Gardenware provides free technical support to registered users for as long as they own the software*.

Tech support is available at 503.717.9297 from 8:30-4:30 Pacific time, Monday through Friday.

If you would prefer to email us, click here and scroll down to our support email form.

Choosing Printers

First and foremost:  A laser or LED printer (using dry toners) is required.

“But my inkjet’s documentation says the prints are waterproof!”  Yes, we’ve heard that a lot, and it might even be true with print materials made for that specific inkjet. But Gardenware materials are designed for use with lasers only.

The combination of a laser (or LED) printer’s dry toner and Gardenware’s weather-resistant materials free you from having to laminate or otherwise protect your signs.

We are often asked to recommend printers for use with Gardenware materials.  Some customers even know that we used to do that and don’t understand why we don’t any longer.

The fastest explanation possible is this: printer models and technology change too quickly for anyone to give any recommendations based on real experience.  

Thanks to unfortunate past experience, we’ve learned to take second-hand information and “accelerated aging data” with a large grain of salt.

We’re uncomfortable giving any recommendation unless we have first-hand experience with a printer.  Gathering the information that we need takes months, particularly with color printers.  Often, by the time we know what we need to know, the models will have changed again!

We will pass along information that we hear from other customers, but, unfortunately the old “no news is good news” adage tends to hold true here.  We usually only hear about it if troubles have developed.  

Since we have no desire to give any printer or manufacturer a black eye, we will not be publishing these reports on our site.  After all, it’s possible that a manufacturer has identified a machine’s shortcomings and has remedied them.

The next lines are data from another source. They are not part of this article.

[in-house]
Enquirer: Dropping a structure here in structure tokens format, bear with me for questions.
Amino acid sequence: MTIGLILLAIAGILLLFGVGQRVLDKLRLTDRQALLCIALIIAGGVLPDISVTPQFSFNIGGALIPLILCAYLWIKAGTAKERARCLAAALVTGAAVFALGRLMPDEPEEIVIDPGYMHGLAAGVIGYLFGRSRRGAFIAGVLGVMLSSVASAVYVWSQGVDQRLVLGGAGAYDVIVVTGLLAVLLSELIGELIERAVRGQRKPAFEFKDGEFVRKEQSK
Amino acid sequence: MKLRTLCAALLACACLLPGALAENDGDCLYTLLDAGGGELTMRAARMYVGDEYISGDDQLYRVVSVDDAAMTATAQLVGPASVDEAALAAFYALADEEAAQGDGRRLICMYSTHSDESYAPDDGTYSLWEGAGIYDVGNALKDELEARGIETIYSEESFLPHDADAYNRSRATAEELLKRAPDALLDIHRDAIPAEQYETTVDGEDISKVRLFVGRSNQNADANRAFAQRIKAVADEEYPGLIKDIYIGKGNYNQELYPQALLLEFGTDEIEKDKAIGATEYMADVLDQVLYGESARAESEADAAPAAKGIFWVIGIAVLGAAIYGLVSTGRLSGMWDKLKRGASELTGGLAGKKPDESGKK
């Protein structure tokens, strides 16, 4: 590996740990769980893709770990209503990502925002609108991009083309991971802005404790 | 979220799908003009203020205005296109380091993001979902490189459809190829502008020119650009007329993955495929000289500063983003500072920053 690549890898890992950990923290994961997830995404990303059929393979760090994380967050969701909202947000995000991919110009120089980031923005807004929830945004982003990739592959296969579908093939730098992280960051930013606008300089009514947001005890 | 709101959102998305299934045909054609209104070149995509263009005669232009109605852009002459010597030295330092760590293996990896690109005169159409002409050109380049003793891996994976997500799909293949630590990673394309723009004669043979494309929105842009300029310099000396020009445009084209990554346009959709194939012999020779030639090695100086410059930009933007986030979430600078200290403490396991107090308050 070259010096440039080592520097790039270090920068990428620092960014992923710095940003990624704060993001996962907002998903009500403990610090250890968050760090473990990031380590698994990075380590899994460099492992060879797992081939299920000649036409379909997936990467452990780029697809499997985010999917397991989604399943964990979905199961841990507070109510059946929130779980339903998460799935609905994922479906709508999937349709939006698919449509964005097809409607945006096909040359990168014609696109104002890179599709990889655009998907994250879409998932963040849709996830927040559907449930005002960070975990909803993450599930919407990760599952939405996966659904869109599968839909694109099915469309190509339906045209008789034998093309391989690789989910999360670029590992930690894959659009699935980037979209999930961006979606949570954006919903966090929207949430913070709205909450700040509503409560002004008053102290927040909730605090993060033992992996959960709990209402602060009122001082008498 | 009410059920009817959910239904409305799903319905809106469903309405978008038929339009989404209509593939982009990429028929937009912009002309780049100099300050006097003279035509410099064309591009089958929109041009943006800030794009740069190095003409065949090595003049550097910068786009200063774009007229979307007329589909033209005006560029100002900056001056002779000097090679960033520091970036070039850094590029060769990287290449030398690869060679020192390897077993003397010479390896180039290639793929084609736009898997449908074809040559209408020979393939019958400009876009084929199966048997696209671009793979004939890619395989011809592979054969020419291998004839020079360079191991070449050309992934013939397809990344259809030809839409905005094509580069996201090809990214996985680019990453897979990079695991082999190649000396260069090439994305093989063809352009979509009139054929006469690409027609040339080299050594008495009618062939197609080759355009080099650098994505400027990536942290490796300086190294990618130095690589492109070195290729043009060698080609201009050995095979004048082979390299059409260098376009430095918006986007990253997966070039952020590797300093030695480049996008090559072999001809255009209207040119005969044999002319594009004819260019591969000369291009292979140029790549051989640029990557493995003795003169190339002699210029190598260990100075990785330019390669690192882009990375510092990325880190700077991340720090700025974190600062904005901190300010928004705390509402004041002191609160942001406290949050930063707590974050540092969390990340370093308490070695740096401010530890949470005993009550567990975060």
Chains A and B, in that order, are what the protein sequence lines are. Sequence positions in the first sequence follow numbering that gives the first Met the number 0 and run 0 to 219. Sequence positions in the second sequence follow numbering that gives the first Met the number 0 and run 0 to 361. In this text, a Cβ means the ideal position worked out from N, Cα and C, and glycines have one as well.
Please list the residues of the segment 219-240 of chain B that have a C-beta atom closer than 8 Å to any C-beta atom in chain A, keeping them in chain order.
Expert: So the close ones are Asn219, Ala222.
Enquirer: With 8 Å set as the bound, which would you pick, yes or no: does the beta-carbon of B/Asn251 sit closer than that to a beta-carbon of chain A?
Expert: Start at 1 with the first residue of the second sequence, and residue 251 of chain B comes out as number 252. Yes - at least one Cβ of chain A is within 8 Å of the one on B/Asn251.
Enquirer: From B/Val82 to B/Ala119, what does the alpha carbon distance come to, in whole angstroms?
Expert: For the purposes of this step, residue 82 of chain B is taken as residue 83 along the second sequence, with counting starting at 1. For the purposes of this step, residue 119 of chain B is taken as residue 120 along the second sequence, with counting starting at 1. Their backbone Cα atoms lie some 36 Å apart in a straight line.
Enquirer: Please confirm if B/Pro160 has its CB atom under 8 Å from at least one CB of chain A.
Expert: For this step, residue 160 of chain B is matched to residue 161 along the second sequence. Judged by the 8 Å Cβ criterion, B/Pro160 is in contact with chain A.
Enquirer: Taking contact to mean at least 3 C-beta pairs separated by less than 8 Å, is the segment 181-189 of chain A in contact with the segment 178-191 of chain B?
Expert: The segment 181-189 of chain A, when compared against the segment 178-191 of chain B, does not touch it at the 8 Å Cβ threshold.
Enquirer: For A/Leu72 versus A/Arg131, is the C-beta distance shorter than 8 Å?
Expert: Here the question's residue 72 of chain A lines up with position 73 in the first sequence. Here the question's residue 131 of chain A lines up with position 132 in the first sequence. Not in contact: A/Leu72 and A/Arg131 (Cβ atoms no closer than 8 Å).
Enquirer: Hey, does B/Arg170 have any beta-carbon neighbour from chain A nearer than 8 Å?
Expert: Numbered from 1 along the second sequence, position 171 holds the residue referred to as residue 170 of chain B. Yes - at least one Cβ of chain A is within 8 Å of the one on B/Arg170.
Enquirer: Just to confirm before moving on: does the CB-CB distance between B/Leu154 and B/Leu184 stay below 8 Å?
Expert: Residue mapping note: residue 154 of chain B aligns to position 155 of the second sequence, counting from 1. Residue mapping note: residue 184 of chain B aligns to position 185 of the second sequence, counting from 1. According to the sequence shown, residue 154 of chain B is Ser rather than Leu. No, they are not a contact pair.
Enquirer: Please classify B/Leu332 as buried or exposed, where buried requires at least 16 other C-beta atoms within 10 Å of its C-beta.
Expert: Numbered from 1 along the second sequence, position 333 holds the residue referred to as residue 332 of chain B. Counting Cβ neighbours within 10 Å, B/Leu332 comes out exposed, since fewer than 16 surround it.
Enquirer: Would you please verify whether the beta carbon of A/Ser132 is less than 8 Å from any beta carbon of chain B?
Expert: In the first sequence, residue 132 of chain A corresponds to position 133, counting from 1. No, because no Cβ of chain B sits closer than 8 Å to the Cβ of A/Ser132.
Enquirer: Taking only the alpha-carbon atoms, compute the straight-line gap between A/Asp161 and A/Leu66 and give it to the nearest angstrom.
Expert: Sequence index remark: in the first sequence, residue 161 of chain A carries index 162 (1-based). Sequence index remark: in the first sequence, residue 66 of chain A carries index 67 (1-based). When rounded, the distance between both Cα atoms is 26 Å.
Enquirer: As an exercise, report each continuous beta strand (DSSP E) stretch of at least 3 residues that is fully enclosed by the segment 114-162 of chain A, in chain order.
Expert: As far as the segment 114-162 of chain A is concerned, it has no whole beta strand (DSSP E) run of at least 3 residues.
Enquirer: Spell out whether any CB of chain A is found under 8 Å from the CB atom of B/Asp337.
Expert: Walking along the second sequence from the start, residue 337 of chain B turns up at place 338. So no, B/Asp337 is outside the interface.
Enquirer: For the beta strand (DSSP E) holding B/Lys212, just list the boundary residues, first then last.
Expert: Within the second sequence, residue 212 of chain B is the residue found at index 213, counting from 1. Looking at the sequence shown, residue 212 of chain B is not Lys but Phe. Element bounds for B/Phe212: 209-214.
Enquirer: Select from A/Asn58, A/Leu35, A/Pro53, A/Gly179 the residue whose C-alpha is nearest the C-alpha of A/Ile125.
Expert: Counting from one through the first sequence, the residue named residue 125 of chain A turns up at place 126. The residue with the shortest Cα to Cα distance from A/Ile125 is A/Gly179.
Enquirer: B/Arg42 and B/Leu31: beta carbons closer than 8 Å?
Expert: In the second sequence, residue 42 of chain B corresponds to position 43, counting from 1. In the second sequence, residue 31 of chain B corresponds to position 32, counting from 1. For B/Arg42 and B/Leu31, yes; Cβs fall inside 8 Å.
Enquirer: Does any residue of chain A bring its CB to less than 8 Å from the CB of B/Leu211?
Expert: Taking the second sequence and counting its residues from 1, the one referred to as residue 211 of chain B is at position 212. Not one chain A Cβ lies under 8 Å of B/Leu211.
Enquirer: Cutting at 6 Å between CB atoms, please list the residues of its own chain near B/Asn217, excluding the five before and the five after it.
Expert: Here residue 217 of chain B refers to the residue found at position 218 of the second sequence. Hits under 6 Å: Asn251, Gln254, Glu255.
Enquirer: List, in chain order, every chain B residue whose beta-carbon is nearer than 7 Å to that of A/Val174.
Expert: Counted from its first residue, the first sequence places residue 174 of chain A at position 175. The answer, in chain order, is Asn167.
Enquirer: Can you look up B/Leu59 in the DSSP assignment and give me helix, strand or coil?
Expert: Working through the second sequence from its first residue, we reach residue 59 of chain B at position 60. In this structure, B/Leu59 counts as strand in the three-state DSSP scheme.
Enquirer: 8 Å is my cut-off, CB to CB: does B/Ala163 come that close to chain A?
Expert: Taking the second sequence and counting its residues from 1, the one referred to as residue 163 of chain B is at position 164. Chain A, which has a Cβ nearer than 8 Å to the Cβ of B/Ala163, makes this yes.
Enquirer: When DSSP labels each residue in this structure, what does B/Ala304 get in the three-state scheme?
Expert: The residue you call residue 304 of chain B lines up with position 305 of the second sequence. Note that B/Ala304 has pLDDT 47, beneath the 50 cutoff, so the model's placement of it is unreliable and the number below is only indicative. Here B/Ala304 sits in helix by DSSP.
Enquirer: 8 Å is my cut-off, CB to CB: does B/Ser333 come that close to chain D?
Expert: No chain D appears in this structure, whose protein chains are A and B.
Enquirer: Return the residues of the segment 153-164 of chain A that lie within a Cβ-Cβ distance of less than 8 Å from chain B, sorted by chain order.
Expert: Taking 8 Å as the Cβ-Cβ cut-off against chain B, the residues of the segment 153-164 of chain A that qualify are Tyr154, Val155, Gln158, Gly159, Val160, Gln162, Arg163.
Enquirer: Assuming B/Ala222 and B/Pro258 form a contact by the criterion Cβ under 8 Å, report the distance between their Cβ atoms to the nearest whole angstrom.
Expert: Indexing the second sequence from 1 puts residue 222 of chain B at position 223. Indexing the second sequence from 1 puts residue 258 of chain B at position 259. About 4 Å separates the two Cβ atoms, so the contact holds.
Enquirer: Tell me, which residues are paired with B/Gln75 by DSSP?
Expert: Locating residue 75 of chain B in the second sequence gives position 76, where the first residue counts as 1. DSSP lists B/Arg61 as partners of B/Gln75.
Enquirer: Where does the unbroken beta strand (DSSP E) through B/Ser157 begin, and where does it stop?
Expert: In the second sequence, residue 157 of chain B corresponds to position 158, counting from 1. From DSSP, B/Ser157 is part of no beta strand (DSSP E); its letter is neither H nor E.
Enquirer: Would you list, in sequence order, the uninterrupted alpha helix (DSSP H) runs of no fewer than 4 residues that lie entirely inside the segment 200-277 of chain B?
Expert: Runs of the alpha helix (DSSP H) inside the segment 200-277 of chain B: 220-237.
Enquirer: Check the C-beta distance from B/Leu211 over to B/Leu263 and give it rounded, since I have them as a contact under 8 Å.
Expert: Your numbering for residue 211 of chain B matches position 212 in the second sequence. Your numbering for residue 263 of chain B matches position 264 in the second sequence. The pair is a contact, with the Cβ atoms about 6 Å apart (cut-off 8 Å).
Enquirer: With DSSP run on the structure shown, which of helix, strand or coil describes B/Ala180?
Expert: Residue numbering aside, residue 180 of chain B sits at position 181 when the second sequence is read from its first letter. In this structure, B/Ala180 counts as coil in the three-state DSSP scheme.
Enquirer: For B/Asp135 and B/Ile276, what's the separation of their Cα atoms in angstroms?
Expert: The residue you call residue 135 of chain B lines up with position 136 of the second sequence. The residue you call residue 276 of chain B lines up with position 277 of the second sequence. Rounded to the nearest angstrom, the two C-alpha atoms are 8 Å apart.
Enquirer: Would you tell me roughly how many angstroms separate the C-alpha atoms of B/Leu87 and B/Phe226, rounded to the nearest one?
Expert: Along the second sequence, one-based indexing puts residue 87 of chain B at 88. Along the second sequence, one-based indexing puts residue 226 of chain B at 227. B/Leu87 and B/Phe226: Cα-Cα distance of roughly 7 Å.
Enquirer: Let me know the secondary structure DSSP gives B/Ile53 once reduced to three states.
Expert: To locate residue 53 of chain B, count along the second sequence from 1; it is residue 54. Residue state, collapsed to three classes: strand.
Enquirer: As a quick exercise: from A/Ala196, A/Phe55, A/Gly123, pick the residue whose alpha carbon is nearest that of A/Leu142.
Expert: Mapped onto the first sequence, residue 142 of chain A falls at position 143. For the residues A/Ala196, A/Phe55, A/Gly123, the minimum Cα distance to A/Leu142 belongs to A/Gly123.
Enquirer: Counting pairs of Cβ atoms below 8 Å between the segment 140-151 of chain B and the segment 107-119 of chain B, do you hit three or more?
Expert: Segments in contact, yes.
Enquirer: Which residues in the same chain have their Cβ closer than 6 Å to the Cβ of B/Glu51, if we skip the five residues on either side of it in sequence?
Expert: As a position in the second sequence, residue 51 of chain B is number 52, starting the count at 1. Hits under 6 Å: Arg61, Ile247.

Give us a call and we’ll help as much as we can, but remember:  “YMMV”.  (Your Mileage May Vary)

General Tips For Choosing a Printer

1:  Do not use inkjet printers with Gardenware materials.  Liquid inks are not compatible with our printer media and we can guarantee that you’ll be unhappy with the results.

 1a:  Yes, we know that many inkjet manufacturers say that their inks are waterproof.  However, in most cases, they’re waterproof only when used with the materials that they were designed to work with.  In our testing, even professional-level, archival-quality “waterproof” inks are not suitable for use with non-porous materials.

2:  Decide whether you want a monochrome (black & white) or a color printer.  Simple tagging and labeling of stock can be accomplished very effectively with an inexpensive black & white laser.  However, if you wish to use photographs or color logos, or just want to add impact to specific information, a color laser is definitely worth considering. Don’t forget that the cost of consumables (toners & drums) is multiplied by FOUR for color printers.  If you have doubts as to whether you’ll use color much, it might be best to start with a monochrome printer.

3:  When considering a color printer, find out all you can about the toners’ longevity in long-term exposure to sunlight.  Rapid fading is a problem with some color printers with otherwise fine characteristics. In our experience, black toners are extremely resistant to fading.  Some degree of fading is inevitable.  It just can’t be avoided in sunlight.  

4:  Having multiple feed options is a good thing!  An auxiliary feed tray (sometimes called a “multipurpose tray”) can help straighten the paper path and reduce the possibility of jamming on some printers.  For your own convenience, though, be sure that this tray doesn’t require you to feed one sheet at a time!

5:  If you’ll be printing Pot Sticks, make sure the labels feed well.  You can take samples to the store or ask if you can try the printer at your place of business.

6:  Keep in mind that the rated printing speed (pages per minute) is faster than you’ll actually experience.  Speed is nice, but a quality impression is nicer.  Speed ratings are based on plain paper with minimal coverage and aren’t useful for anything except comparing with other models in similarly unrealistic conditions.